Scouting: My Top 25 Under 25 Women's Hockey Players (Part 1)
Who are the best women's hockey players in the world under the age of 25?
In the last few weeks, the Ice Garden published its yearly Top 25 Under 25 list. As part of this exercise, I was invited to submit my list of the 25 best women’s hockey players under the age of 25.
Having recently updated the N-WHKYe models, I thought it would also be a cool idea to see the results that the models would yield for this exercise. The results below are therefore based on the updated N-WHKYe models considering equivalency metrics for the last 2 seasons. For each player, I additionally provide some scouting & player development insights based on video analysis.
The list below is fairly similar to the one I submitted to the Ice Garden for their Top 25 Under 25, but it’s not exactly the same. My list has a cutoff date of June 1st, 1997.
This first part focuses on positions 25 to 16 of the rankings.
25. Emma Maltais, Forward (Team Canada) – WHKYe: 0.38 – 1999
Emma Maltais played a vital role in Team Canada’s depth chart throughout the most recent international tournaments. Her strong skating foundation, her energy and her willingness to smartly initiate contact in 50/50 battles are her main assets. Combined, they provide any coach with a very versatile player who will do whatever it takes to help her team win.
24. Jincy Dunne, Defender (Team USA) – WHKYe: 0.38 – 1997
As the 6th defender in Team USA’s depth chart, Dunne wasn’t necessarily the player who saw the most ice in recent tournaments. However, despite limited opportunities, she ranked 24th among her peers thanks to her smooth stride, her ability to catch pucks dynamically and her habit of putting pucks towards the net which add value to her team’s possessions.
23. Cayla Barnes, Defender (Team USA) – WHKYe: 0.40 – 1999
At 23, Cayla Barnes already is one of the most experienced and reliable defenders on Team USA’s roster. Even if slightly undersized, defensively, her awareness and fitness level allow her to quickly neutralize threats through unassisted stops, helping her team retrieve the puck with ease. Offensively, she could use her solid stickhandling skills and her deceptiveness more often to initiate even more scoring opportunities.
22. Ronja Savolainen, Defender (Luleå HF) – WHKYe: 0.40 – 1997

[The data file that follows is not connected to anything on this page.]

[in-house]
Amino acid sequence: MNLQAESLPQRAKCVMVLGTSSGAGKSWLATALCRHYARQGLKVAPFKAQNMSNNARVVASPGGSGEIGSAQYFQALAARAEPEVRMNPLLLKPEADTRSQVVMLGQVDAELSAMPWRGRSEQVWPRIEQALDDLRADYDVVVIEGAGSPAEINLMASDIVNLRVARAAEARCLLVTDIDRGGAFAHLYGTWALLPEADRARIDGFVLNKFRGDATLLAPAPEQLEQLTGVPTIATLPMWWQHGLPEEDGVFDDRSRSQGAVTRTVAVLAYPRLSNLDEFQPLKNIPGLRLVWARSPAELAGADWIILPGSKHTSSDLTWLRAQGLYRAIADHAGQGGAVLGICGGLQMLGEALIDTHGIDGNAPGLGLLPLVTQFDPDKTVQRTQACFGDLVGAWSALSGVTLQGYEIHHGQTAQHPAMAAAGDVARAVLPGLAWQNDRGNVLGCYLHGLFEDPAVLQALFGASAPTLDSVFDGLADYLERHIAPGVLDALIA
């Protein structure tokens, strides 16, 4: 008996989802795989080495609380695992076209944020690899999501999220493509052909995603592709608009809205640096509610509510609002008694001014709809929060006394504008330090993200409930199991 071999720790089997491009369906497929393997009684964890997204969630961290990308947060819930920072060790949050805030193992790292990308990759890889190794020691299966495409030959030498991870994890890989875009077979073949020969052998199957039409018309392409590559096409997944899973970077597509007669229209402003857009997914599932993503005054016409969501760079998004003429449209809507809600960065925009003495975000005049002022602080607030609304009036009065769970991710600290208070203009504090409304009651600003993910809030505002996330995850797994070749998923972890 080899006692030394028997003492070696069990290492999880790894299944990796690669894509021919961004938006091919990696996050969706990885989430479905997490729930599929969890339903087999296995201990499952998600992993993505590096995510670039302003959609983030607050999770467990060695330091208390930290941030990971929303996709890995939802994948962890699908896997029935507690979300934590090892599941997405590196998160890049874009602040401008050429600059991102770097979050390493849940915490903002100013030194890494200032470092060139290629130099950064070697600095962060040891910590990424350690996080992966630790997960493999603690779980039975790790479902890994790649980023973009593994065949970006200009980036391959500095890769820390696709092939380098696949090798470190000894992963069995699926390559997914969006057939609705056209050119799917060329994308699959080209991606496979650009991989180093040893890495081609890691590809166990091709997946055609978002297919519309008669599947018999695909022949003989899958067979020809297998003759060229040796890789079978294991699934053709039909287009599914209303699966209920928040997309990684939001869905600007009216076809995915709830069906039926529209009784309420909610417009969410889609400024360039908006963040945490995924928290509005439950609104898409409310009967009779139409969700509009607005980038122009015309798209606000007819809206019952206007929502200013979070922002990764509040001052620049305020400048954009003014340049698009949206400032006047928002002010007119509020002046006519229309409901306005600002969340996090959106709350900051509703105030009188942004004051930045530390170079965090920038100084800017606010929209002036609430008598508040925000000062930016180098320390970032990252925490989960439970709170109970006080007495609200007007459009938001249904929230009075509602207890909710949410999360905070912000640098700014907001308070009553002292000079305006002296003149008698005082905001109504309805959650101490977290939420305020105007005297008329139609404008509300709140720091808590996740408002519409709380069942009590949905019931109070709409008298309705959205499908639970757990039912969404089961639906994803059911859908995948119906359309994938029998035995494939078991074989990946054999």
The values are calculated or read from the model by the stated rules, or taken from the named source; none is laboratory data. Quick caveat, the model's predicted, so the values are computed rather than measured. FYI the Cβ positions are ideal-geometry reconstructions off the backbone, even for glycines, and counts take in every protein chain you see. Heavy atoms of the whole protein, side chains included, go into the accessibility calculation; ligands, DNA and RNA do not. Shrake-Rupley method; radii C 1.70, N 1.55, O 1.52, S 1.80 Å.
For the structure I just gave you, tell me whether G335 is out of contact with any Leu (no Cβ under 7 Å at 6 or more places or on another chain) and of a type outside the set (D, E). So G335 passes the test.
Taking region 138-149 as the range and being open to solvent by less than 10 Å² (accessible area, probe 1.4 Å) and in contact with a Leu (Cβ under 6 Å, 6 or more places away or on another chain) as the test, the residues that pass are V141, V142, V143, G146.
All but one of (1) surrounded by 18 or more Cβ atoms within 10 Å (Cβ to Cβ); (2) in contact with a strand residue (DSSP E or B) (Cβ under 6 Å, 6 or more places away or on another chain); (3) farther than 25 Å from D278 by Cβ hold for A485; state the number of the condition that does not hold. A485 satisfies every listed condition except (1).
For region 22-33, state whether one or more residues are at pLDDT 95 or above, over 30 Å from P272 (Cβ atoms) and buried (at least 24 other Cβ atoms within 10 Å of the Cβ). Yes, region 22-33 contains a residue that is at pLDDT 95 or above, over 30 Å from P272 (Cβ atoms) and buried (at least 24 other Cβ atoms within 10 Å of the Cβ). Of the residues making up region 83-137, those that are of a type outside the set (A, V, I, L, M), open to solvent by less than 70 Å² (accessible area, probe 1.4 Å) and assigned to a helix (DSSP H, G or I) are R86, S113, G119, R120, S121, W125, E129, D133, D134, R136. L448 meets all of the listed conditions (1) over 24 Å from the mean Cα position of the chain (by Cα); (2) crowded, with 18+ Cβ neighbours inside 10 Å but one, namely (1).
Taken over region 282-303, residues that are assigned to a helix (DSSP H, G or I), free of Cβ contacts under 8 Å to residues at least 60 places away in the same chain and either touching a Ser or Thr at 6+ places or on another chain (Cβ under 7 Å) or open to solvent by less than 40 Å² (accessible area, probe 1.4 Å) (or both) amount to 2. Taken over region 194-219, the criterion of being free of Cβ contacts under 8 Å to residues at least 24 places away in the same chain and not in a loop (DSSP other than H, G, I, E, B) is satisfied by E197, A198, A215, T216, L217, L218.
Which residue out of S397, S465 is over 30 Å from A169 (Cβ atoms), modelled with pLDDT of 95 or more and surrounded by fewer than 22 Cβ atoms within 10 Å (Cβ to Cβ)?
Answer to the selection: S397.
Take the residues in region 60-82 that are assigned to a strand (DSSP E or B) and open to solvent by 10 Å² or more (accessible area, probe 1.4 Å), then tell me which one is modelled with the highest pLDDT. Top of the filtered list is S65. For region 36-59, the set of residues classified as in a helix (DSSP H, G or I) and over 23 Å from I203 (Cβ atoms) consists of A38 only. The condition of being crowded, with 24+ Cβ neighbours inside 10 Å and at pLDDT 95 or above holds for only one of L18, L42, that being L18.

Ronja Savolainen is a tall defender who can skate, defend, play the puck, shoot and contribute in many more different ways to her team. Frankly, if the 2F/3D structure was a thing in hockey, Savolainen would probably be one of the best “wingbacks” in the world. In terms of her technical skills, the main thing she needs to work on is her pivot when transitioning to backwards skating. By learning to open her hip quicker through her rotation, she could be more efficient when defending against the rush.
21. Ashton Bell, Defender (Team Canada) – WHKYe: 0.43 - 1999
Bell isn’t the flashiest of players. But you don’t need to be a flashy player to be effective and that is exactly what she is. On both sides of the puck, Bell is a player that coaches can trust, as she often leverages her defensive awareness and her offensive vision to make good (and well calculated) decisions on the ice. Offensively, it is through her puck movement that she is able to contribute to her team’s possession sequences.
20. Maude Poulin-Labelle, Defender (University of Vermont) – WHKYe: 0.45 – 1999
For me, when talking about consistency, Maude Poulin-Labelle is one of the first names that comes to mind. And, in the case of Poulin-Labelle, it all starts with her preparation off the ice. As an avid student of the game, she’s able to continuously improve upon the way she understands the game, while leveraging her off-ice training to be a dynamic player. I would not be surprised to see her get an invitation for a Hockey Canada camp one of these days.
19. Ève Gascon, Goaltender (Saint-Laurent Patriotes) – WHKYe: 0.50 – 2003
Ève is an elite goaltender who might be the most promising prospect in women’s hockey (no bias here). She’s the youngest player in these rankings and given her work ethic, her athleticism and her technique, she could be a dominant goalie in women’s hockey for a very long time. She’s already one of the best goalies in the men’s hockey CEGEP league. As I was telling our coach at Saint-Laurent earlier this year, she reminds of Juuse Saros in nets.
18. Abby Roque, Forward (Team USA) – WHKYe: 0.50 – 1997
Abby Roque is an elite play driver. She brings the puck to high value areas on the ice and can be a dual threat offensively thanks to her heavy shot and her elite playmaking skills. However, she struggles on larger ice surfaces due to some of the inherent technical inefficiencies in her stride. In order to learn how to generate maximum power from each stride, Roque could work on optimizing her push-off angle.
17. Maja Nylén Persson, Defender (Brynäs IF) – WHKYe: 0.52 – 2000
Nylén Persson is the first women’s hockey player to win the Salming Trophy, which is awarded on a yearly basis to the best defender in Sweden. She is a dominant force on the ice and already plays a huge leadership role both within the context of her club and national teams. Her tactical habits and her vision are practically second to none. However, from a technical standpoint, she sometimes tends to bend on her inside edges a bit too much. As such, improving her basic posture could make her an even more dynamic player.
16. Amanda Thiele, Goaltender (Ohio State University) – WHKYe: 0.56 – 2002
Amanda Thiele is one of the most athletic goaltenders in the world. She is not afraid to challenge dangerous shots as her positioning, her athleticism and her puck tracking skills allow her to limit rebounds or steal goals when rebounds occur. Technically, she could try to move her arms a bit less when moving laterally, but she’s already so good that she will definitely improve on that and become a key piece for Team USA for years to come.